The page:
If the back injury leaves you in a brace or wheelchair, then the bathroom assistive equipment should mirror this level of daily mobility. Some of our back-affected rehab users of Showerbuddy opt for solutions like the SB2T TubBuddy Tilt, as the 30 degrees of tilt-back relieves pressure and aids comfortable bathing (with assistance).
A back injury can prevent your ability to respond quickly in the bathroom just as resetting your position when slipping, or the ability to reach for the shower head. While we’re unable to provide any specific details around how your back injury will manifest exactly in the bathroom routine, you should be able to get guidance from your OT and doctor about the best way to bathe and use the toilet with your level of mobility.
It goes without saying that the impacts of a broken neck are serious. In some neck injuries, the loss or partial loss of mobility can affect hands, arms, and legs. Even if the impact is felt as numbness, the ability to keep controlled and stable in the bathroom can be drastically affected. As you might expect, a broken neck will often be kept stable in a brace to reduce the risk of further injury and support recovery of a fracture. But this brace can also mean that responding to or seeing hazards around a wet bathroom can be more difficult.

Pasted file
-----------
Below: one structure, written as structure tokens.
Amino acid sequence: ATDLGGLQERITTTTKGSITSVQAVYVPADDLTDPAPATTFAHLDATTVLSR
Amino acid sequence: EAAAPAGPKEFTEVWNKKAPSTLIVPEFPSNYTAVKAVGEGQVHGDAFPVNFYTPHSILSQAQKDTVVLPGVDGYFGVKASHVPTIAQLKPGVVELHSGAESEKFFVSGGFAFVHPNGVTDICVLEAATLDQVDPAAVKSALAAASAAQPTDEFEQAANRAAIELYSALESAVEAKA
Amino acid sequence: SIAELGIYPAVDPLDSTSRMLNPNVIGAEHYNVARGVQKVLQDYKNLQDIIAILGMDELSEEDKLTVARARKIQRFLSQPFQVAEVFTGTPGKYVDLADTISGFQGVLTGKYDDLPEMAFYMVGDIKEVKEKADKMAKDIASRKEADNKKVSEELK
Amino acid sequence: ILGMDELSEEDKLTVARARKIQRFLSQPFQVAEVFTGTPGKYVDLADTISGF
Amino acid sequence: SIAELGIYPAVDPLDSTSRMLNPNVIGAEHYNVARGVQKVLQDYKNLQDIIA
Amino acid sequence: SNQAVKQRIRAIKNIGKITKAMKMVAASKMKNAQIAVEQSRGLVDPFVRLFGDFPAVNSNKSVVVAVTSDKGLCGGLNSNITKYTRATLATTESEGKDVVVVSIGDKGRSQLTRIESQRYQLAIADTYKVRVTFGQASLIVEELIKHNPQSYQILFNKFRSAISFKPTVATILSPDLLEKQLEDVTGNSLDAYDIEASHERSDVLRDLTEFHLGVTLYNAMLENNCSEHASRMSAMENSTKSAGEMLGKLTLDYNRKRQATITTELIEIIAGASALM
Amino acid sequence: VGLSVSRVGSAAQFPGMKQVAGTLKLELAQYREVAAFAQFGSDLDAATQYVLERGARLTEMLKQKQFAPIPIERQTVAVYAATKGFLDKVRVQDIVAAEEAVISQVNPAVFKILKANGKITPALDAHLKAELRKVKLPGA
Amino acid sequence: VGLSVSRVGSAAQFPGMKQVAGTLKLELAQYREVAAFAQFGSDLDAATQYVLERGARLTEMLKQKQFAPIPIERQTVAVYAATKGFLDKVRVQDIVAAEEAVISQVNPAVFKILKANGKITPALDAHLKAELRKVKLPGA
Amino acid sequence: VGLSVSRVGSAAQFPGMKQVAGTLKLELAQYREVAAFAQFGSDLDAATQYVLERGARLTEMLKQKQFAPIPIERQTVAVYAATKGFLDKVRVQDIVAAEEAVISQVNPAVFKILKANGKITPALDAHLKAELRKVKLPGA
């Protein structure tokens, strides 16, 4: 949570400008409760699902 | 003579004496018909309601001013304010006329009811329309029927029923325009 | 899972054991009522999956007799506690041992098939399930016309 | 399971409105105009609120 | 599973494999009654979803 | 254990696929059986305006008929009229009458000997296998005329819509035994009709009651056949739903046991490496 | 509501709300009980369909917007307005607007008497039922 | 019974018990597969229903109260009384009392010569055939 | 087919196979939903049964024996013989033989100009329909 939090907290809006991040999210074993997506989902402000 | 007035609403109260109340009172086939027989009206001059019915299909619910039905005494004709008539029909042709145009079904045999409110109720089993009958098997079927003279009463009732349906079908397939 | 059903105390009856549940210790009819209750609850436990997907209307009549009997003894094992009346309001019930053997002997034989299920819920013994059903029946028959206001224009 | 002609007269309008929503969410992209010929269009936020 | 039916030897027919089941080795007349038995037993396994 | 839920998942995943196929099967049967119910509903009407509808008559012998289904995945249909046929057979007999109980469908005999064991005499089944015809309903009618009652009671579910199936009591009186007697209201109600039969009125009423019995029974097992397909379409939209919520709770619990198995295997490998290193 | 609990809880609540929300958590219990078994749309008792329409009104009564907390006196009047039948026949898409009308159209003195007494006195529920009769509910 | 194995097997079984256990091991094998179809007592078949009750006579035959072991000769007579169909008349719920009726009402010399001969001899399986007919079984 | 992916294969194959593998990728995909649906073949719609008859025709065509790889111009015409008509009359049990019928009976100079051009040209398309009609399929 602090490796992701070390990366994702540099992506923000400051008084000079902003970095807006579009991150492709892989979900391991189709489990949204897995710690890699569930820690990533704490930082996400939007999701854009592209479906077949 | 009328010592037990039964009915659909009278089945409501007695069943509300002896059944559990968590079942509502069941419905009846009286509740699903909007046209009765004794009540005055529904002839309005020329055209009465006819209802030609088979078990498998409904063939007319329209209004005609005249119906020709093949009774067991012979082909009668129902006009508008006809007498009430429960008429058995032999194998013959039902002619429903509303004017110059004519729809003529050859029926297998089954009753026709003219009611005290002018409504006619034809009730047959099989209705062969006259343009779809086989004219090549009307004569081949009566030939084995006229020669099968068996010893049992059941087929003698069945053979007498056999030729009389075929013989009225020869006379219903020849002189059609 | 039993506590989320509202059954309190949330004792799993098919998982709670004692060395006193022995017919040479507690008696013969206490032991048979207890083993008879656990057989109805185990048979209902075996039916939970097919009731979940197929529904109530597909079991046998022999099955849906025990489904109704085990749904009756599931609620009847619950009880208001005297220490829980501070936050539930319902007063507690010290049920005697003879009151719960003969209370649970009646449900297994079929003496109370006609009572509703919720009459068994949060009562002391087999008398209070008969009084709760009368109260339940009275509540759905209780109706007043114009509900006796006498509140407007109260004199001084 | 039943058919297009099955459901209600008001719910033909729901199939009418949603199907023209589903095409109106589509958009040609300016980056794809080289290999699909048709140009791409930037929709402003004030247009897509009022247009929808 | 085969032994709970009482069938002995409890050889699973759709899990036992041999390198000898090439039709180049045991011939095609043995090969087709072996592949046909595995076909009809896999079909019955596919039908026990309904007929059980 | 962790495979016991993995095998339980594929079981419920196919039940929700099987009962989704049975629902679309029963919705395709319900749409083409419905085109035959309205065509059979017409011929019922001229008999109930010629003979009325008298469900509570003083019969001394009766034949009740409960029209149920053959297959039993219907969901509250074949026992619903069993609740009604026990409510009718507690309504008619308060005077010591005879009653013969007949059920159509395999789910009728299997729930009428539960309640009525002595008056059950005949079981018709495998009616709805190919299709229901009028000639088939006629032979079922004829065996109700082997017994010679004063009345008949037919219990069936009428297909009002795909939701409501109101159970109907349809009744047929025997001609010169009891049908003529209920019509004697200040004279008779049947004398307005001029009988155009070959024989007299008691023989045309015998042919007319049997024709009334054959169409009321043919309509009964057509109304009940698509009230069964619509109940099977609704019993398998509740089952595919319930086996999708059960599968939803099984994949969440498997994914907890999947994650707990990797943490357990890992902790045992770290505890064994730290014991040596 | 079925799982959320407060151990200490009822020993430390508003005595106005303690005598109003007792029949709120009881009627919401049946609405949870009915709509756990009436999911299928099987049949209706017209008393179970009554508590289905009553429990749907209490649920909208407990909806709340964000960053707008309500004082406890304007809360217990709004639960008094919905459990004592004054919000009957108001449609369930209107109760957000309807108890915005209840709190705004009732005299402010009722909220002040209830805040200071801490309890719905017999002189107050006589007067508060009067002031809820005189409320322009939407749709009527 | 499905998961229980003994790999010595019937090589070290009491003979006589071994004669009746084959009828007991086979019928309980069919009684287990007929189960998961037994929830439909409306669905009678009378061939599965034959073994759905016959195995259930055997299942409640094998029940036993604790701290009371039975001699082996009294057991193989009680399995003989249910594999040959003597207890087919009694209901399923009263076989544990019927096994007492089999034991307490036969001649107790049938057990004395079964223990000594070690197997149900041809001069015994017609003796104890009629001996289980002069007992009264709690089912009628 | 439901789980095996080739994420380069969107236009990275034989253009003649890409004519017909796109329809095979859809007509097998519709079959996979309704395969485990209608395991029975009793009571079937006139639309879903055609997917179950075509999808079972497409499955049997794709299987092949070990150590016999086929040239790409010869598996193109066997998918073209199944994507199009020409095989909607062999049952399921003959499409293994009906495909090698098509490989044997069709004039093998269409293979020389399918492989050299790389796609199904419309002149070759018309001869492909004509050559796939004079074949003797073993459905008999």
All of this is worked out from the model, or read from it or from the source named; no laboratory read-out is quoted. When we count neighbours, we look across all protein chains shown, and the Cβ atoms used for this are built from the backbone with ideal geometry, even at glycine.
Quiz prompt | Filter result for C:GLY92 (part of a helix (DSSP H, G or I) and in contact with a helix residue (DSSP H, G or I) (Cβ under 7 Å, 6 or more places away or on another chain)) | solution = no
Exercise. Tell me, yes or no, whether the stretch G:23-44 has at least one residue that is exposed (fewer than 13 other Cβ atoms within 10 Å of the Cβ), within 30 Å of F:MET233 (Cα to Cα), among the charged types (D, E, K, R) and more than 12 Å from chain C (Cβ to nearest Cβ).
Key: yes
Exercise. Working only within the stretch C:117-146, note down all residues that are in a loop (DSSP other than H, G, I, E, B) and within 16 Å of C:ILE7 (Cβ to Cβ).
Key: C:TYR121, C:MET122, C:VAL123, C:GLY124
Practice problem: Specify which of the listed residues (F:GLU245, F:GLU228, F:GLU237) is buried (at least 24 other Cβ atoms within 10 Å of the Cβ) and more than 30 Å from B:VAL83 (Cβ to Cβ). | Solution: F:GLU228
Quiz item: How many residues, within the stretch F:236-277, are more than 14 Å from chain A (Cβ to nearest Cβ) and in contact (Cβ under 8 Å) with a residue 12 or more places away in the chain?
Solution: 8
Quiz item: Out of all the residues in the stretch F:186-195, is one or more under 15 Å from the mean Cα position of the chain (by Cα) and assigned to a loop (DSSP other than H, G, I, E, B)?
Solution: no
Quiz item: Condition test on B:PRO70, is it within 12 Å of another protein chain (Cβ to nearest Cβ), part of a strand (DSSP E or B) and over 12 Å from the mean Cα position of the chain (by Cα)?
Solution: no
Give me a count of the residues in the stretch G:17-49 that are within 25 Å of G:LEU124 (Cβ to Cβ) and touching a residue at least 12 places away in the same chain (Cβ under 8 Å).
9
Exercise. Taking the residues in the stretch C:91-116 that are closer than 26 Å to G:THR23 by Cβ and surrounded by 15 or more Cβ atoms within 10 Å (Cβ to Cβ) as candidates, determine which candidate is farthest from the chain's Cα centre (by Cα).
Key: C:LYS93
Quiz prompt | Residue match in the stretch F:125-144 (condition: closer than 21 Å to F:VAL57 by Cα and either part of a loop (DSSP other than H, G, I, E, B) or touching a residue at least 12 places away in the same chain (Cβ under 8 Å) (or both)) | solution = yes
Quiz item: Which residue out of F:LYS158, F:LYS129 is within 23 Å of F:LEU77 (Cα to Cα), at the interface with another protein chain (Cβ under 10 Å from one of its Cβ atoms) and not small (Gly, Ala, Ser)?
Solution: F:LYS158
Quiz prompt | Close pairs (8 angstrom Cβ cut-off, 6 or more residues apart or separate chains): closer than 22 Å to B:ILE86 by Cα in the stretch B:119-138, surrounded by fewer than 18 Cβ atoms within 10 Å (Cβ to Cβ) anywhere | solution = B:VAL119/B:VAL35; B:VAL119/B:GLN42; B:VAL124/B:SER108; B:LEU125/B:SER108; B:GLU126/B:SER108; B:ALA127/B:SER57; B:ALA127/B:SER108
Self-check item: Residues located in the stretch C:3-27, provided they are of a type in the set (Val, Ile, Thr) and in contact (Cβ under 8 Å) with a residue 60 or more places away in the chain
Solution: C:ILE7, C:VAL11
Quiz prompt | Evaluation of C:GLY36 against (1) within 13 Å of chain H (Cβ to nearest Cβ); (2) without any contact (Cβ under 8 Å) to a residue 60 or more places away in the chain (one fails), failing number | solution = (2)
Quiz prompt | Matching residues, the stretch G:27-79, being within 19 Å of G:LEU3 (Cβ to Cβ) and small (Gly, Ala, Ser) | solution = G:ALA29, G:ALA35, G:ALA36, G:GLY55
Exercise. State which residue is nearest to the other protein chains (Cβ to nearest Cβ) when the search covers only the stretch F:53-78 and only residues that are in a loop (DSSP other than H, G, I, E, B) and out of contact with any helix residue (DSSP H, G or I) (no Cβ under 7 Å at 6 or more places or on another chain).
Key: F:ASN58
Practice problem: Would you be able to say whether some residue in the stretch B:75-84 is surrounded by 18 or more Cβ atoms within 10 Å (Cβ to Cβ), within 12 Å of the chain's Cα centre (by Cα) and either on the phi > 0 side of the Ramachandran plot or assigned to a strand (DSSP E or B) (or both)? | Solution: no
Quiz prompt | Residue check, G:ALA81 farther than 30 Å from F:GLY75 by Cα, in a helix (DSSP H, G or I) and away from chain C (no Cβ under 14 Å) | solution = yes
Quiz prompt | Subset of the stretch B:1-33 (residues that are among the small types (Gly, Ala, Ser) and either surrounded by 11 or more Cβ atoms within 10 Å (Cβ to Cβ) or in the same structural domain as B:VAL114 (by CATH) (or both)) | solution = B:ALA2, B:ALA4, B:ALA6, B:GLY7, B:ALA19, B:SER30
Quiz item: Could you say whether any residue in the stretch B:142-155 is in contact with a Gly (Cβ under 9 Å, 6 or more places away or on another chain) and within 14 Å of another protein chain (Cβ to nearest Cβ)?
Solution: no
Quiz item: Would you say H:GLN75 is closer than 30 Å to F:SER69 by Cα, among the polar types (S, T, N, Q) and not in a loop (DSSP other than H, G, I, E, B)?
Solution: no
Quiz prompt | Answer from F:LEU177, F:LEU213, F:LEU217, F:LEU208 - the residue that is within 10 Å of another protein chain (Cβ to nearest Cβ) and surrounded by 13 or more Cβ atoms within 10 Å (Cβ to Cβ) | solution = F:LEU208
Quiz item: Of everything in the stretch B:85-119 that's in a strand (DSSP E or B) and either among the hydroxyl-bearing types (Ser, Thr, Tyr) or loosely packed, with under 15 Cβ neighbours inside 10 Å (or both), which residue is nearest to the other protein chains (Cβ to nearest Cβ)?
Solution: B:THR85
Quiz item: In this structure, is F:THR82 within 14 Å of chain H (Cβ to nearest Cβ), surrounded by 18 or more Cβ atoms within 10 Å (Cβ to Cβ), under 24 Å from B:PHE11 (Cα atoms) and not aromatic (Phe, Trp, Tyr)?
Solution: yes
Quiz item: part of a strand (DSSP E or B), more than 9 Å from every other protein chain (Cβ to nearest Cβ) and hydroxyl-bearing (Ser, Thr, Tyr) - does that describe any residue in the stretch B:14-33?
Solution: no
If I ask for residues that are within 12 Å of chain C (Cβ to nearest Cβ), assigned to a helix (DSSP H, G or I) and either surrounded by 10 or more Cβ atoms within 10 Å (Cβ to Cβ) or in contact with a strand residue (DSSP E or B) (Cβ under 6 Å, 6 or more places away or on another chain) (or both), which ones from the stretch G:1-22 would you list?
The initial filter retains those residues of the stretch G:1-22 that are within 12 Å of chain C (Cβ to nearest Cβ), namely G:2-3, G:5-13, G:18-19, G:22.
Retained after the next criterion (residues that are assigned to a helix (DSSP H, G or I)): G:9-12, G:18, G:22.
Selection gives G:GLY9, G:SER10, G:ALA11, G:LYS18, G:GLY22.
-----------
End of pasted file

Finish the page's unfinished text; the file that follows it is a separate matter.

The severe neck injuries can manifest as complete paralysis for a period of time. In these situations the bathroom routine will need to rely on a good plan, carer and assistive equipment to support the individual’s body weight safely. If the injury has meant less mobility in arms and legs, but with the ability to still stand and walk, your OT or PT may still suggest making use of assistive equipment in the bathroom to counteract the reduced reaction time and strength.
As always, with any injury, the specific details around your recovery and care need to be discussed with your health professionals. Keeping to a rehabilitation (or care) programme is the best path forward.
When you need to rely on a wheelchair
Lower body Injury
Loss of your entire lower body, whether that’s due to both legs being injured or something further up the body, will mean a reliance upon a wheelchair to get around. In the bathroom a quick trip to wash your hands might not be a problem, but more involved activities like using the toilet or taking a shower will need more than just your upper body strength to execute safely.